UNC professor warns declining role of men in society is a problem
Posted February 15, 2019 3:45 p.m. EST
Updated February 16, 2019 8:36 a.m. EST
Chapel Hill, N.C. — When UNC-Chapel Hill business school professor James Johnson travels the country making speeches, he focuses on what he sees as a major problem. He wonders what is happening to men in American society.
"The disability rate has doubled, their wages have declined. Most importantly the sex ratio and balance at the higher education level has been 60/40 for a decade," said Johnson.
Johnson's university is right near the average with women making up 59 percent of the student body.
He said college is just the beginning and the gap can lead to bigger problems as men and women enter the workforce and eventually look to start families.
"We have large numbers of women for who the eligibility pool of marriageable men no longer exists," Johnson said.
He points to poor performance in grade school, high incarceration rates and discrimination as some of the factors leading to the change. He said it's something we should all pay attention to, not because it's bad for women to be earning seats at the table, but because he thinks it's better for society to use all available resources.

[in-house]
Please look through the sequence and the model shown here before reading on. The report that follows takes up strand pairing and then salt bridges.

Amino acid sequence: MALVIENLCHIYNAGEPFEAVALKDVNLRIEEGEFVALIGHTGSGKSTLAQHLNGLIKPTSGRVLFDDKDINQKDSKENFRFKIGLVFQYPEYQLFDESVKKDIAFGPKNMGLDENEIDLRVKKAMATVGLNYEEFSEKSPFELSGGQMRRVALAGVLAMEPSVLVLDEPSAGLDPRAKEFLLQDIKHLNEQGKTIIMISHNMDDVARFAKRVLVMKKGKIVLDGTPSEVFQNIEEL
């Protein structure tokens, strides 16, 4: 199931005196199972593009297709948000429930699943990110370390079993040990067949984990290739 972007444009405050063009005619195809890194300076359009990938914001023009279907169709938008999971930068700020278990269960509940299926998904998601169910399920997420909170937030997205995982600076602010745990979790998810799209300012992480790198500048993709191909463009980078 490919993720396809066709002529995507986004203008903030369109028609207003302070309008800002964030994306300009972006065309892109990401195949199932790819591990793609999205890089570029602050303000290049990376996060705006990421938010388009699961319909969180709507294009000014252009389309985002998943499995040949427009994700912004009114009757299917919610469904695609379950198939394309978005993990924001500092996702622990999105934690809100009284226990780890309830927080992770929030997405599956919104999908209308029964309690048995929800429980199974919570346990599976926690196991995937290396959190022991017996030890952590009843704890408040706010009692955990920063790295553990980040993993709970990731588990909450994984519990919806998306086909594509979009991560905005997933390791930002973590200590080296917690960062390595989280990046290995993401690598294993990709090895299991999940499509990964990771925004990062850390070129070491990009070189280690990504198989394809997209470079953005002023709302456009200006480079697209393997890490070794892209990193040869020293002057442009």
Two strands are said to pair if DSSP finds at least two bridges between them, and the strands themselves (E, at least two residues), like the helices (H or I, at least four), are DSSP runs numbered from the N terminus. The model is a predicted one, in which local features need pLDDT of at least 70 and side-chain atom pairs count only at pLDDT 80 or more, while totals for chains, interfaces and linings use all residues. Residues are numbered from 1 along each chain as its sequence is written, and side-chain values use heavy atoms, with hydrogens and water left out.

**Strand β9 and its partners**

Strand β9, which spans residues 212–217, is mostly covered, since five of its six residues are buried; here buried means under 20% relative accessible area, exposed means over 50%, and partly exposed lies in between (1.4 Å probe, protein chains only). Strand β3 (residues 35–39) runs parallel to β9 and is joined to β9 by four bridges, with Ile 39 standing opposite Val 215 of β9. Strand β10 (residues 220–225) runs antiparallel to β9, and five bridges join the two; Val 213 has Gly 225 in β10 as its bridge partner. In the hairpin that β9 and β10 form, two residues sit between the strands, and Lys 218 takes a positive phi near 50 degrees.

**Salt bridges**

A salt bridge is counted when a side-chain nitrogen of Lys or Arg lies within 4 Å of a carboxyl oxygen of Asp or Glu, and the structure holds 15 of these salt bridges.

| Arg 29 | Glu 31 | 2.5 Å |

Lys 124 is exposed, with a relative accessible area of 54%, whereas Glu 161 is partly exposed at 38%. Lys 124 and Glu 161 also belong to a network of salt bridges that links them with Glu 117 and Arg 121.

"It's a huge waste of talent if we don't invest in it. We are not going to win in the global competitiveness on brawn, we are going to win on brains," he said.
Robert Chadwick sees this firsthand. He's a success coach at the South Atlantic Family resource center.
"Mainly what pulled me to it is just the passion. The passion of knowing that there's a need for positive people, especially males in today's society," Chadwick said.
Males, he said, are suffering from a lack of information about how important college or trade school can be.
"Myself, I'm a college graduate, but the neighborhood that I come from and the area that I come from a lot of my friends didn't go to school," Chadwick said.
He leads a fatherhood workshop weekly as a way to educate men and get them to set a good example for the next generation of boys.
"If you are fortunate enough to become a father, be that father to your child, be in place. Be that person that your child wants to emulate," Chadwick said.
It's a small step in trying to change a demographic shift with many complex factors.